Skip to Content

Bagnell Dam spill gates expected to open early next week

Ameren Missouri officials said Friday the utility could open its spill gates at Bagnell Dam as early as Saturday to release floodwater, but expects to increase releases early next week in coordination with the Army Corps of Engineers.

Phillip Thompson, an Osage Plant manager with Ameren, said Bagnell Dam, located at the Lake of the Ozarks, matches its releases with Truman Dam.

“When they reduce the flow, we reduce the flow,” Thomeson said.

He said the goal is to remove the floodwater from the Truman reservoir to make room for more water. Bagnell Dam empties into the Osage River, and Ameren warns the releases might cause flooding along the river.

“Residents should watch water levels and shut off electricity if it gets close to their dock, ” Thomeson said.

He said people with weekend lake houses should turn off power before they leave town in case water does rise.

Ameren advises dock owners to have slack in cables to make sure cables won’t break if water rises.

High releases at Truman Dam and Bagnell Dam can increase the power of the current at the Lake of the Ozarks and boaters should stay aware, Thomeson said.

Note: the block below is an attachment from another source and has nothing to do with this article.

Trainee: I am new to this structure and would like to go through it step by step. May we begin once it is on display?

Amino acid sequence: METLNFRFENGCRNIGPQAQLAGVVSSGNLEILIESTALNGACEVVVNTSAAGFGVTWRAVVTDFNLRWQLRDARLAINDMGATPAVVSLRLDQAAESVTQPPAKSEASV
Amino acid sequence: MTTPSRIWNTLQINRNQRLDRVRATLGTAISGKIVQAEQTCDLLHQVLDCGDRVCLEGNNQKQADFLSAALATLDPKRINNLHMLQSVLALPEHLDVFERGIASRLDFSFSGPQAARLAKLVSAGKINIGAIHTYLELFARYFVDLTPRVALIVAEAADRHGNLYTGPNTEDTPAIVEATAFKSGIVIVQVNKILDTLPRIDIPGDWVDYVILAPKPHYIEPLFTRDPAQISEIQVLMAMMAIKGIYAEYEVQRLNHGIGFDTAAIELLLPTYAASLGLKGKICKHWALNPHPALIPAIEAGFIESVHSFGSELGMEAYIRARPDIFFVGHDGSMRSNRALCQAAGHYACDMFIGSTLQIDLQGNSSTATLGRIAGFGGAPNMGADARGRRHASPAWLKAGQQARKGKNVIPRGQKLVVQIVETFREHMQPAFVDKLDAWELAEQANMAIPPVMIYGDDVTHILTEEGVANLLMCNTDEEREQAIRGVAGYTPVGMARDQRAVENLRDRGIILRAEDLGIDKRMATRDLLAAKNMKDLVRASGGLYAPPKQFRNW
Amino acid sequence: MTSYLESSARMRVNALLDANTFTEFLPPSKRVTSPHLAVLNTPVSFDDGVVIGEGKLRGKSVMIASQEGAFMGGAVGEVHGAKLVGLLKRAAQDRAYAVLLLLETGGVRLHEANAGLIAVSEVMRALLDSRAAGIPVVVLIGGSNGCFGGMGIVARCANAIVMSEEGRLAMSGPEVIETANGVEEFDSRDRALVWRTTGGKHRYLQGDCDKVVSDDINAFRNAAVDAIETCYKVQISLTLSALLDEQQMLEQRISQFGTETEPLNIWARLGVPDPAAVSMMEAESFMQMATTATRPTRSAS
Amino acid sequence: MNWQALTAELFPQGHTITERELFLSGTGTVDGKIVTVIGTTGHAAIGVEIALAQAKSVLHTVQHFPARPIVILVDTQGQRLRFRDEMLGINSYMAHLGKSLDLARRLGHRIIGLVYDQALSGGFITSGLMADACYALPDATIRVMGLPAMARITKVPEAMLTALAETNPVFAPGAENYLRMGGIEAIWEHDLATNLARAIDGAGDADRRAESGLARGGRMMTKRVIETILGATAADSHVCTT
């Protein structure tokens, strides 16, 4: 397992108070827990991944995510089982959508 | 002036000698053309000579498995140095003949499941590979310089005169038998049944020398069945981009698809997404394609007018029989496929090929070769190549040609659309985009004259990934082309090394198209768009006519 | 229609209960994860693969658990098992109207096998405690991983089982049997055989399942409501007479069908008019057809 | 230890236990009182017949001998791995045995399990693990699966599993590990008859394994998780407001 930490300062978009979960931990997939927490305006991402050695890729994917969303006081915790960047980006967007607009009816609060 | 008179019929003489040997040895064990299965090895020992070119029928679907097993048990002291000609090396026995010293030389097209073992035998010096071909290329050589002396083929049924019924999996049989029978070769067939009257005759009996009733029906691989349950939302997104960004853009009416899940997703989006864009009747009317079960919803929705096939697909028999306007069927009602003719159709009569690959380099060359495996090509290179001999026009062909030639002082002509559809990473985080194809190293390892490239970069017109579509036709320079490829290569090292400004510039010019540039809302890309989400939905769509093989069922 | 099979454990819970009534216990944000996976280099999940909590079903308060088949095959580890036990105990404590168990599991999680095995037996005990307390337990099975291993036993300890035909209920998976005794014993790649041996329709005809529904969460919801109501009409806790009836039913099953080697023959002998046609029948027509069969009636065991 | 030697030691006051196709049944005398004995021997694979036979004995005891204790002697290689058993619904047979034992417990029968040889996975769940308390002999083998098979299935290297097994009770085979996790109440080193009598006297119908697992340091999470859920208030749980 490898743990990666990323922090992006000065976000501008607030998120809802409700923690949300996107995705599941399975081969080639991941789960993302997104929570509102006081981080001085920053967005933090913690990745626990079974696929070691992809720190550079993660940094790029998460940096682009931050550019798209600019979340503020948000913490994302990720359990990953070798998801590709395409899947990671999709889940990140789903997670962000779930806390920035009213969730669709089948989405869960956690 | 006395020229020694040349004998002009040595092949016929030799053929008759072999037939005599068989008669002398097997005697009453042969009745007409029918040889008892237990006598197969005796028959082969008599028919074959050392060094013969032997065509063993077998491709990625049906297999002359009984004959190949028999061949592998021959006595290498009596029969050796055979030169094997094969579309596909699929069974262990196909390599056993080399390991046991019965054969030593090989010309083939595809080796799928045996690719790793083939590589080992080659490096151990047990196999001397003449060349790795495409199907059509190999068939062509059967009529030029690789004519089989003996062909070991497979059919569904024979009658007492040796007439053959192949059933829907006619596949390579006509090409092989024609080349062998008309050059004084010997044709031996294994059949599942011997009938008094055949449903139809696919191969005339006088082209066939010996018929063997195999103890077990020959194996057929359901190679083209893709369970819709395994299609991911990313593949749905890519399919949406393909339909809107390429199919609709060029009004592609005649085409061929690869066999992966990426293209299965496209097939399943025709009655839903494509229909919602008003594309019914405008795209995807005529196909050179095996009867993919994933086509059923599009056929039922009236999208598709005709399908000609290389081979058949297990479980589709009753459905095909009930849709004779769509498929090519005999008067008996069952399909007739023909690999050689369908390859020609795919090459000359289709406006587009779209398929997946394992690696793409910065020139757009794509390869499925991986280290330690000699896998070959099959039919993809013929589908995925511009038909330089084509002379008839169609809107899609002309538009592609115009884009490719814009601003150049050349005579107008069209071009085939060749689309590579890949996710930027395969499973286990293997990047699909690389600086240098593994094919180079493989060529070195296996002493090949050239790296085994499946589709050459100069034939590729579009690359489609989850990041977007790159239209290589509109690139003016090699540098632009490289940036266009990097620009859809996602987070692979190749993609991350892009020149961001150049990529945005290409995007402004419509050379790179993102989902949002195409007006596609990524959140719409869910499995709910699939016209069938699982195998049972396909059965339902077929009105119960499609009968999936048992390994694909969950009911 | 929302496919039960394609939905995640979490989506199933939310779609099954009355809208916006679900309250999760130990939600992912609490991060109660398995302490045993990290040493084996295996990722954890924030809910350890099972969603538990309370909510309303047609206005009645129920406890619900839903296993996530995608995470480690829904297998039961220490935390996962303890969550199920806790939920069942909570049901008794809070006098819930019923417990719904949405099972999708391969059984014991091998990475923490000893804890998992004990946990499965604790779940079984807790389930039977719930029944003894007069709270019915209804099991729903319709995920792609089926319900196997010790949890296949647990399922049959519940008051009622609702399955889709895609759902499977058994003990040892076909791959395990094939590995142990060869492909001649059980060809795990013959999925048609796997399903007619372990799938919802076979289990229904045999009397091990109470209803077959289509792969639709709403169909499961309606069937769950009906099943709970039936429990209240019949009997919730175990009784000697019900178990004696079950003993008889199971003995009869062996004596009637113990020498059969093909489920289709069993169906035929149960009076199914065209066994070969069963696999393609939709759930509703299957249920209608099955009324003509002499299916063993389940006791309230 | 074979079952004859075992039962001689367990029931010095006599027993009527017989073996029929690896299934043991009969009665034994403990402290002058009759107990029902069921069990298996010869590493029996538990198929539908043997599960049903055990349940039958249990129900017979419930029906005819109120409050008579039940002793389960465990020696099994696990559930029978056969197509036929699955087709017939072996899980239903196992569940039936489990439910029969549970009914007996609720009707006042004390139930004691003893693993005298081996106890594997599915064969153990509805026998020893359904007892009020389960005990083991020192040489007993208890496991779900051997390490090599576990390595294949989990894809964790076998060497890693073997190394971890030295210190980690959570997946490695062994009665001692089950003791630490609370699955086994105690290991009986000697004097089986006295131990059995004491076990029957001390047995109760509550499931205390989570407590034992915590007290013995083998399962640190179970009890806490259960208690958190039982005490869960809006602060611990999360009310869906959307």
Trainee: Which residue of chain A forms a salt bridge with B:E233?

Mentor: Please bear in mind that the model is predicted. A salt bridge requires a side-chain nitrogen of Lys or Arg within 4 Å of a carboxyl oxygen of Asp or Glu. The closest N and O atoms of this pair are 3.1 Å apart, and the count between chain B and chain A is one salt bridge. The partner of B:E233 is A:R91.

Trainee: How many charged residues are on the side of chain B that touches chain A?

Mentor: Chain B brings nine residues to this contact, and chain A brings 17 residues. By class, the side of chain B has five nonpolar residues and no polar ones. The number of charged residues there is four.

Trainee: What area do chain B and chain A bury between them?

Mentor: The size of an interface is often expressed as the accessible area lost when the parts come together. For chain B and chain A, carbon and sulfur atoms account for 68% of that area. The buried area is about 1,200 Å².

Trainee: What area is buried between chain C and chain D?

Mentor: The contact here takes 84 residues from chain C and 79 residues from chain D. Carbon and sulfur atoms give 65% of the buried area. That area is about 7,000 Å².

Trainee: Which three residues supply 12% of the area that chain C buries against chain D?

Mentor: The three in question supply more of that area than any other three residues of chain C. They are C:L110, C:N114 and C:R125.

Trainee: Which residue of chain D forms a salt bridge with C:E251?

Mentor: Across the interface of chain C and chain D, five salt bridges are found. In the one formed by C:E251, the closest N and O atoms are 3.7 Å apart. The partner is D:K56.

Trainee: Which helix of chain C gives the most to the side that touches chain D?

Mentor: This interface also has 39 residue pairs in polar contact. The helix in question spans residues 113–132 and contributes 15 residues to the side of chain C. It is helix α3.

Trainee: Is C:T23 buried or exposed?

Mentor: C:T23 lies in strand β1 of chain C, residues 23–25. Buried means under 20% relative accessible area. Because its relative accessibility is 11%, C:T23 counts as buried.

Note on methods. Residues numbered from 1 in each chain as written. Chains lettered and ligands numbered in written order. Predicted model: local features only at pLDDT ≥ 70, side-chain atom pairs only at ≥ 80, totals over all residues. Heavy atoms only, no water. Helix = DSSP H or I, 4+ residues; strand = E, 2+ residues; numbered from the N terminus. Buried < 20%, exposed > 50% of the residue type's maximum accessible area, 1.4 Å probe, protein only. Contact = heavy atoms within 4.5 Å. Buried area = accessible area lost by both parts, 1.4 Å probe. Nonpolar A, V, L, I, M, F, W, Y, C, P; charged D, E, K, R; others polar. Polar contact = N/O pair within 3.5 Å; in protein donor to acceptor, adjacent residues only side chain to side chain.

The utility said this week it might have to increase the outflow from Bagnell Dam to 85,000 cubic feet per second, more than double what can pass through the dam’s electricity-generating turbines.

Osage County authorities said the Truman reservoir level crested last week after heavy rains inundated the area. The Army Corps of Engineers increased releases from the reservoir to ease the strain on the dam.

Corps officials said on a conference call Friday that they want to increase releases from Truman more but plan to wait until flooding goes down more on the Missouri River. The reservoir was near capacity Friday, according to the Corps.

Osage County officials said Osage River levels were falling after Missouri River floodwaters overtopped one levee and breached another in Callaway County, relieving flooding upstream on the Osage, which is a Missouri River tributary. However, they cautioned river levels might rise again as releases from the lake enter the river.

p.p1 {margin: 0.0px 0.0px 0.0px 0.0px; font: 12.0px Helvetica; color: #454545}

Article Topic Follows: News

Jump to comments ↓

ABC 17 News Team


ABC 17 News is committed to providing a forum for civil and constructive conversation.

Please keep your comments respectful and relevant. You can review our Community Guidelines by clicking here

If you would like to share a story idea, please submit it here.

Skip to content